How effective are our small groups at accomplishing their goal? That depends on what the goal is. If the goal is to talk about college football, then I’ve witnessed a men’s small groups that is thriving. If, on the other hand, your goal is to do things like 1) encourage one another, 2) edify one another, 3) make disciples, 4) pray, 5) study God’s Word, 6) etc., then some small groups aren’t doing it right.

Here are a few telltale signs that your small group is doing it wrong.

Ten Signs Your Small Group Is Doing It Wrong

1. You have no plan.
Some churches, enamored of the idea of small groups fall into it without a plan. This is a mistake. A small group needs to be, at the risk of sounding cliche, purpose driven. To be more specific, you should have some idea of what you’re doing when you get seven or eight people meeting in someone’s home on Sunday night. Are you there to shoot the breeze, sing some worship songs, watch some football, or study the book of Philippians? Maybe you should “let the Spirit lead?” By all means, let the Spirit lead, but don’t use that as an excuse for doing absolutely no planning before hand.

 

2. You never study the Bible or pray.
Instead, you study Christian living books. Or you talk about health concerns. Or you talk about problems in the church. Or football. All those things are find to talk about, but don’t neglect some of the most crucial things — prayer and God’s Word! If you drop these from the small group agenda, you’re wasting your time.

 

3. You argue all the time.
I’ve been in some small groups where “robust discussion” was the most important thing. However, “robust discussion” was code word for “let’s argue about really controversial theological topics.” I’m just as eager to wield the theological sword as the next guy. I didn’t spend drop thousands in seminary tuition for nothing. But there’s a point at which seminary swashbuckling must give way to fellowship and encouragement. It’s important to stand one’s ground on crucial theological topics. Don’t use this as an excuse to challenge everyone’s assumptions, prayer request phrasing, and curious expressions of spiritual insight.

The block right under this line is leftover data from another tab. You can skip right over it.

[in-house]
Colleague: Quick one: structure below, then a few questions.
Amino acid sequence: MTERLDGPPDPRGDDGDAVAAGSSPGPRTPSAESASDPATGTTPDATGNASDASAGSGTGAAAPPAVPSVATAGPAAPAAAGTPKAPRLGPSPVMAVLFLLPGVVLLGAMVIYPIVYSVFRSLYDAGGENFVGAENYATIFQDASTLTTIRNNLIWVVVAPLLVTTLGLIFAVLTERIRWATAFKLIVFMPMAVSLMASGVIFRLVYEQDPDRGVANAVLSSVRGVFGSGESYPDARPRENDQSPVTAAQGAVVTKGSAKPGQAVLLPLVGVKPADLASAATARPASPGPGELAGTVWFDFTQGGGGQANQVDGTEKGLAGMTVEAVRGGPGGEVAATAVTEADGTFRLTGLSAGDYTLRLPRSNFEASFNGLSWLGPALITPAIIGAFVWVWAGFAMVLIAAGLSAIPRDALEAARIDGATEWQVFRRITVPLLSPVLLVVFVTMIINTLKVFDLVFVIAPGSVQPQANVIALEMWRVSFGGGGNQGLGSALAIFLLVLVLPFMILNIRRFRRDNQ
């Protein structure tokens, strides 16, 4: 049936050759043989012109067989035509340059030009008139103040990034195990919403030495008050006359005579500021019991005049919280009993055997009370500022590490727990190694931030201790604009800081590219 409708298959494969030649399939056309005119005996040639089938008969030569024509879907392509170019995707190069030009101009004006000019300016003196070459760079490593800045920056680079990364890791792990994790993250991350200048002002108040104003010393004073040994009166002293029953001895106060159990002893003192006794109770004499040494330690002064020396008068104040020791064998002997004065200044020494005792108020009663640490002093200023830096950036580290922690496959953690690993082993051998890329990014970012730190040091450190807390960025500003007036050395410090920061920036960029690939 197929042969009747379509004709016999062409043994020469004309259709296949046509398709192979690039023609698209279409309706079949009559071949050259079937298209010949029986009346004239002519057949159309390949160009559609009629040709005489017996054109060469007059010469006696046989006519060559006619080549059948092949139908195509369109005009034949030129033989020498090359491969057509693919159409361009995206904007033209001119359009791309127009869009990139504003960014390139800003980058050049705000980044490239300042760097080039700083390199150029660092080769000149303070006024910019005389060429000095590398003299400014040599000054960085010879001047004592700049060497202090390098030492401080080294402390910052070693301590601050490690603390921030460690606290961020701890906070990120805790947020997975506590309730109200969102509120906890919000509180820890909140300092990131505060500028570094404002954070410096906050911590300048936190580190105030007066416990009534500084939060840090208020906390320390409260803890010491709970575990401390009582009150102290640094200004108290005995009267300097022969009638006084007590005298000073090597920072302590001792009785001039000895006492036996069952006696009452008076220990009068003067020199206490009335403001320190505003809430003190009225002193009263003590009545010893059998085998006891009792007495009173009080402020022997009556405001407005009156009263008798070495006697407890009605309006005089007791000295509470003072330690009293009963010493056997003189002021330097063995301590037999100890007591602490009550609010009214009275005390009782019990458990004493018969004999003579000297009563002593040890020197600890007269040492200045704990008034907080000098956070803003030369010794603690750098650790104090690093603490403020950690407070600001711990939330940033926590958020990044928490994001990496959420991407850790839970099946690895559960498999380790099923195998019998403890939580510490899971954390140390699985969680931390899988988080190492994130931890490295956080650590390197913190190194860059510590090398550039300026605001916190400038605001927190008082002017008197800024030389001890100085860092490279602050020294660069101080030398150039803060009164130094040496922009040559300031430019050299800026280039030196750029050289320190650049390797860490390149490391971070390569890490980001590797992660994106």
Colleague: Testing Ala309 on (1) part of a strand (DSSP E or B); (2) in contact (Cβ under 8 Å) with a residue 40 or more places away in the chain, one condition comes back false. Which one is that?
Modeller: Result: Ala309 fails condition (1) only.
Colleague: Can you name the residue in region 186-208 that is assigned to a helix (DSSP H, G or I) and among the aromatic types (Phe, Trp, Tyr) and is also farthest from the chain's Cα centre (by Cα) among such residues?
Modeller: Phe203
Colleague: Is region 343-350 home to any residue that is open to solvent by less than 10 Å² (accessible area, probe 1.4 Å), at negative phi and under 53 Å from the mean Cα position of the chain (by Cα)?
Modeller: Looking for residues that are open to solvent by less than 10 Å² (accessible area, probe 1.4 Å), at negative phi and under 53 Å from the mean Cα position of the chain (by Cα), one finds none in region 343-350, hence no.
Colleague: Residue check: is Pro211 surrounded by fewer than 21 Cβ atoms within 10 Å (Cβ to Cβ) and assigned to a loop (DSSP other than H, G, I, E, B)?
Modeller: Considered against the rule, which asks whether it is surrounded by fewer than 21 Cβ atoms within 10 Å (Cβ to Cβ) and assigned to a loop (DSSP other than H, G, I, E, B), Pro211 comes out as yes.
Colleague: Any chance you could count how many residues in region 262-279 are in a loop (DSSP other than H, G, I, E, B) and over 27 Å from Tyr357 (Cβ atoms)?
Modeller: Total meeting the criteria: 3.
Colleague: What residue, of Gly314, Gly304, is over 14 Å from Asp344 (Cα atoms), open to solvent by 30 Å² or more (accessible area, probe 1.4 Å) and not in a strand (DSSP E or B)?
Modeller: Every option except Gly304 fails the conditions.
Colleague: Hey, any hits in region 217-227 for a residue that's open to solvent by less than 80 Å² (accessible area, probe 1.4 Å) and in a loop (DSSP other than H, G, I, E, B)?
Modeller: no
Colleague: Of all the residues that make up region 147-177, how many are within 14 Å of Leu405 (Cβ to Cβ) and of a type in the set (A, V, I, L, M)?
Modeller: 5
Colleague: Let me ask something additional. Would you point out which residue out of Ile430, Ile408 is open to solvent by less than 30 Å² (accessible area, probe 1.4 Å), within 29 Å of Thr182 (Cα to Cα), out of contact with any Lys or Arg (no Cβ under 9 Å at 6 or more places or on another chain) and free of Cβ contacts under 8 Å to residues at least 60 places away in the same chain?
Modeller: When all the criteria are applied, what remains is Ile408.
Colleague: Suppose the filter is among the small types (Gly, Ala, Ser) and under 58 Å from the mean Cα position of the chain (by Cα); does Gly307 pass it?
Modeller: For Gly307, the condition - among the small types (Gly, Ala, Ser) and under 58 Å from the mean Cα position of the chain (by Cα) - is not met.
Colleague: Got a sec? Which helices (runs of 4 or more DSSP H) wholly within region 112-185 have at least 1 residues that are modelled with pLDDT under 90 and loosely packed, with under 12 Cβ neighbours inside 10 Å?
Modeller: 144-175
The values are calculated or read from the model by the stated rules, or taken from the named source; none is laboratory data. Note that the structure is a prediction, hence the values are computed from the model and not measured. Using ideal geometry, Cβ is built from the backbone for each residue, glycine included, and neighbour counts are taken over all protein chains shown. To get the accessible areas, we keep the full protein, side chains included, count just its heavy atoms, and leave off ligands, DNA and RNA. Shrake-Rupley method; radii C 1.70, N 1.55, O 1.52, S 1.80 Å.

4. You have no idea who’s going through a hard time, having a baby, about to get a divorce, or unable to pay the bills.
A small group is a support network. These are the people that help to fulfill the biblical command to bear one another’s burdens (Galatians 6:2). It’s important to make sure that you find out what those burdens are. Find out where you as a group can help.

 

5. You don’t know everyone in your small group.
The whole point of a small group is that it’s small. “Small” is usually less than 15 people, certainly not more than 20. If there are small children involved, this number is fuzzy, but when it comes to the number of adults, it’s hard to have a “small” group with a crowd of more than 15.

 

6. You rarely interact with each other outside of small group.
A small group isn’t just for occasional meetings. It’s for life — for the hardships, trials, joys, and triumphs. That happens more often than just Wednesdays from 7-8pm. As a small group, make an effort to be closely connected on the real life level.